Market Clarity, however claims that it does make this distinction. Evans told iTWire: "If we only include 'Internet-based retail VoIP providers with a residential target market' we are broadly in line with ACMA: our latest updates to the database has 125 providers offering residential services. However, even this restriction excludes services such as Neighborhood Cable's, which are based on VoIP but use non-Internet tails."
"Our total count of Retail VoIP - which now stands at 213 (accounting for some recent attrition, and excluding wholesalers). We know that all of these providers offer call termination (either VoIP-to-VoIP or including PSTN termination). Some of them focus on the business market, and do not try to offer residential services, but they are still 'true' VoIP services."
She added: "We do not count companies which only offer consulting or systems integration (although we identify those companies which include these services in their portfolios)."
Evans claimed that the Market Clarity VoIP register was regularly updated. "We visit every URL of all providers in the Market Clarity database, and have been engaging in direct discussions on the types of services offered with many of these providers. We have removed a number over this year which have discontinued offering VoIP services...We also maintain a list of providers whose VoIP services are in 'pre-launch' phase - there are around 15 such providers known to us at the moment."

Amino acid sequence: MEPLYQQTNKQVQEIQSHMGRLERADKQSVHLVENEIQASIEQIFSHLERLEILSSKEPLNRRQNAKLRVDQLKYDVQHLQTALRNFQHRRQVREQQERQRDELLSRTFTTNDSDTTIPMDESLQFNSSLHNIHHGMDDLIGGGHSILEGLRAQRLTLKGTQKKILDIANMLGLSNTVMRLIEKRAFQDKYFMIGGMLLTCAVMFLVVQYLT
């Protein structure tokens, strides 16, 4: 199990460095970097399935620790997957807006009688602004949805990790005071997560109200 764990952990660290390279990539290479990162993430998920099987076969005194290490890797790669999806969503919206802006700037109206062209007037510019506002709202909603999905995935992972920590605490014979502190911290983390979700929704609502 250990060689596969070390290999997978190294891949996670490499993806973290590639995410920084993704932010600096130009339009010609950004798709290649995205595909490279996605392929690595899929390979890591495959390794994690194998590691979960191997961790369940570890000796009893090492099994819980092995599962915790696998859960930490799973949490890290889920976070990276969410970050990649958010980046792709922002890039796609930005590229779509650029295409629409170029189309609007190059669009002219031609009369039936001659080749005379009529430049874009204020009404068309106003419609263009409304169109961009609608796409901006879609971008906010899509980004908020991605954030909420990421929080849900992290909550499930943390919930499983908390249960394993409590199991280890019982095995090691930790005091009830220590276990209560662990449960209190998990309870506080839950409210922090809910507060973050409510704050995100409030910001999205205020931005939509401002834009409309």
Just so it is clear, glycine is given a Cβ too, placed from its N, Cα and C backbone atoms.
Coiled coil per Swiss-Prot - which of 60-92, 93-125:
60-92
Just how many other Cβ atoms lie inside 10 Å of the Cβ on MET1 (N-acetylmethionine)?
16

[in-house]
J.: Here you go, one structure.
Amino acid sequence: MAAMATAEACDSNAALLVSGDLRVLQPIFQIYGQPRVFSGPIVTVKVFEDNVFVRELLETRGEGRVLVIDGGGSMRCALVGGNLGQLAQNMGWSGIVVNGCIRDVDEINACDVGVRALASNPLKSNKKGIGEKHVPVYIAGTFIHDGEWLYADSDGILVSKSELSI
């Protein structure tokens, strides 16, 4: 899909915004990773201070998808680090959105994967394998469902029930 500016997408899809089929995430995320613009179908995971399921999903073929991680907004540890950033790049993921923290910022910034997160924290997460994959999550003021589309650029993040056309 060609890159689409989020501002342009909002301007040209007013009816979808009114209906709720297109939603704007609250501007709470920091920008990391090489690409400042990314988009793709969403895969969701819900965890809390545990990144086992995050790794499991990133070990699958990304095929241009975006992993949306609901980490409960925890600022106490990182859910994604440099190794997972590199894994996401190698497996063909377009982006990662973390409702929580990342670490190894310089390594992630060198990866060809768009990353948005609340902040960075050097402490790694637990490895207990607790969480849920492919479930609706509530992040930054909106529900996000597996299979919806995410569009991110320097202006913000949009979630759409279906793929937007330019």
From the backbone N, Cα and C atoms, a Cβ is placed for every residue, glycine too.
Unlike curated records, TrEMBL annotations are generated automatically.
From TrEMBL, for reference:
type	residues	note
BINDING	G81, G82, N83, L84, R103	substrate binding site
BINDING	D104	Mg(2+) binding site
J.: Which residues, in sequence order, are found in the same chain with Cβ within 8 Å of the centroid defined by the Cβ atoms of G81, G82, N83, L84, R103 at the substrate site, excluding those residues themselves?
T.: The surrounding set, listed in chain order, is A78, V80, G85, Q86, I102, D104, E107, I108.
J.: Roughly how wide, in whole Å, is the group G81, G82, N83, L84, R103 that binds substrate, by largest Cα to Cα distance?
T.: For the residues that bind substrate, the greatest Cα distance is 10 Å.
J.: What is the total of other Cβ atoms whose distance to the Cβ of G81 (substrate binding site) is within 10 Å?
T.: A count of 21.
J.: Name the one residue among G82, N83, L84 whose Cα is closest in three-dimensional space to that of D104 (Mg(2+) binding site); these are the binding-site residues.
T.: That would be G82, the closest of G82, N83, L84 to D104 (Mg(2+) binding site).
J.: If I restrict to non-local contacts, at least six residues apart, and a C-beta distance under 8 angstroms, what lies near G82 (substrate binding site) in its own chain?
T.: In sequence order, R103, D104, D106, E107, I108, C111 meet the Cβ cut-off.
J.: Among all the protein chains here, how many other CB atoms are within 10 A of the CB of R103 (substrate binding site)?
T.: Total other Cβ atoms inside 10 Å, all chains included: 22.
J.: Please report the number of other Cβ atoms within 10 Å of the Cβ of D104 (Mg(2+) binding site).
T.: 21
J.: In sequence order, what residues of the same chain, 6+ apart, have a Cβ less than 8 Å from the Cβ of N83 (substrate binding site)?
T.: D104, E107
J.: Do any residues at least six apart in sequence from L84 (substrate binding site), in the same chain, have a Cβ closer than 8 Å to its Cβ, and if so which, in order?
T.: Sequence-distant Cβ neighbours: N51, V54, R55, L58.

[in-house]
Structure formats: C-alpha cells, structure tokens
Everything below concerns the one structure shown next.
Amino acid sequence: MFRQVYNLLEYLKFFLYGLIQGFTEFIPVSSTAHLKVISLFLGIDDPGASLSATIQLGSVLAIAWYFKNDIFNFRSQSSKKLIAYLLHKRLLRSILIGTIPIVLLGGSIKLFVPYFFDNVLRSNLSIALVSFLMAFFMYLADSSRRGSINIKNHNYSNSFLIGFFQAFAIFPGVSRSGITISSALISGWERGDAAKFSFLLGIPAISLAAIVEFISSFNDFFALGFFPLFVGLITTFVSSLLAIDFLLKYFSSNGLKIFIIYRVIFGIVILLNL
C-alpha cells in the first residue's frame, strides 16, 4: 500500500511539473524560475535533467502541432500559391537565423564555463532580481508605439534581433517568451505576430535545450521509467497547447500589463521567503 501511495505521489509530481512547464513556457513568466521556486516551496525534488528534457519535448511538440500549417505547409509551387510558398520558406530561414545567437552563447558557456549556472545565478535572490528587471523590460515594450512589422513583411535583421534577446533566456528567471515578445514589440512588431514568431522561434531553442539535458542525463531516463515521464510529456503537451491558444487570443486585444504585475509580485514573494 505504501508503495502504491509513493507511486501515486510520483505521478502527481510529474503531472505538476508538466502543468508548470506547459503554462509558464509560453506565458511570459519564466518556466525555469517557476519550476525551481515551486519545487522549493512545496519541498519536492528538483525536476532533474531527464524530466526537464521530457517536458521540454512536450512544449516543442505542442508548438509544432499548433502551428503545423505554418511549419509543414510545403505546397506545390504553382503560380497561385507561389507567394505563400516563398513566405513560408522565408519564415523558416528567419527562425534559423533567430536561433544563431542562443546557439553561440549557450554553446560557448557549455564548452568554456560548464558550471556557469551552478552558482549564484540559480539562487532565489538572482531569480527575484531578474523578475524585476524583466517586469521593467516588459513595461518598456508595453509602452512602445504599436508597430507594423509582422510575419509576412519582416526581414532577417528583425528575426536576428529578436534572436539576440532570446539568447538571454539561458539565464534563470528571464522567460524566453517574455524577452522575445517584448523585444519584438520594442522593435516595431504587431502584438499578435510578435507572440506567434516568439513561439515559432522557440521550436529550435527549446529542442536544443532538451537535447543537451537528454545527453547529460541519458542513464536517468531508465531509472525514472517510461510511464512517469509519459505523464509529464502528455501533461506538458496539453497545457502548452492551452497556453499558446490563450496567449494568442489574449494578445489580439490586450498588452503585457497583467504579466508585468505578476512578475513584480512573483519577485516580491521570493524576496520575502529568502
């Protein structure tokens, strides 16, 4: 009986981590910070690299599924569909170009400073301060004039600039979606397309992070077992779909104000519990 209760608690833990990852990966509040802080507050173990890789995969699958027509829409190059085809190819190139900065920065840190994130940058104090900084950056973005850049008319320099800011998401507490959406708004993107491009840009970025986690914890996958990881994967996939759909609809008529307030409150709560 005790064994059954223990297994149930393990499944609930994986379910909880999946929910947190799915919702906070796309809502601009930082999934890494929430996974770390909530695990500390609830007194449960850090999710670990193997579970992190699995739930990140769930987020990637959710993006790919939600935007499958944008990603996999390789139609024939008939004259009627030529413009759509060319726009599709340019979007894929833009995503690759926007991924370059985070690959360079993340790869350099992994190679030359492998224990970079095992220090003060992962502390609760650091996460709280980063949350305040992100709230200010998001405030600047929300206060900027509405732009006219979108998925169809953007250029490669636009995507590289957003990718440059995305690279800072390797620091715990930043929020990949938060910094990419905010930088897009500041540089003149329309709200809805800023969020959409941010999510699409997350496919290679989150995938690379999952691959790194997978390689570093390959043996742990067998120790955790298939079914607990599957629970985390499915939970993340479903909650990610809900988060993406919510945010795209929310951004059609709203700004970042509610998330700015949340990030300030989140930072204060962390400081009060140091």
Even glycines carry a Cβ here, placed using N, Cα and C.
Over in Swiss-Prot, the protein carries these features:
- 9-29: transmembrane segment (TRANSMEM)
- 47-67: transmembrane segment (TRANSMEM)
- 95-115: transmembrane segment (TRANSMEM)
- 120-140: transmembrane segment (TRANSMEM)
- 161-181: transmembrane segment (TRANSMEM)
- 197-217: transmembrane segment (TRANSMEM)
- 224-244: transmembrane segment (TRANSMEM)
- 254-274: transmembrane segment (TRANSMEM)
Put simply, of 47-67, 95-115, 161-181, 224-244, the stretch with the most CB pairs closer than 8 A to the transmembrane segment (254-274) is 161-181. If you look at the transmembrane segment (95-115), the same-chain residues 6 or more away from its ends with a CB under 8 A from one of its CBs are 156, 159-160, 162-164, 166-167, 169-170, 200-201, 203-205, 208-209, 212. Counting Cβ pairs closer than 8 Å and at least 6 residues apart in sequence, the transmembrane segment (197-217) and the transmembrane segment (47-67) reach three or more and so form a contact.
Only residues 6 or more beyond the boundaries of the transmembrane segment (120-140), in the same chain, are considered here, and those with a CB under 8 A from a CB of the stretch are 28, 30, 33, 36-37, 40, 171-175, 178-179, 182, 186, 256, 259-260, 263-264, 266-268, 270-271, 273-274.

Market Clarity has also estimated the range of services offered by Australian VoIP providers, and developed a breakdown of VoIP providers by their core activity. "What this clearly shows is that the VoIP market is attracting service providers such as ISPs and IT sector companies that didn't compete in the fixed voice market," Evans said.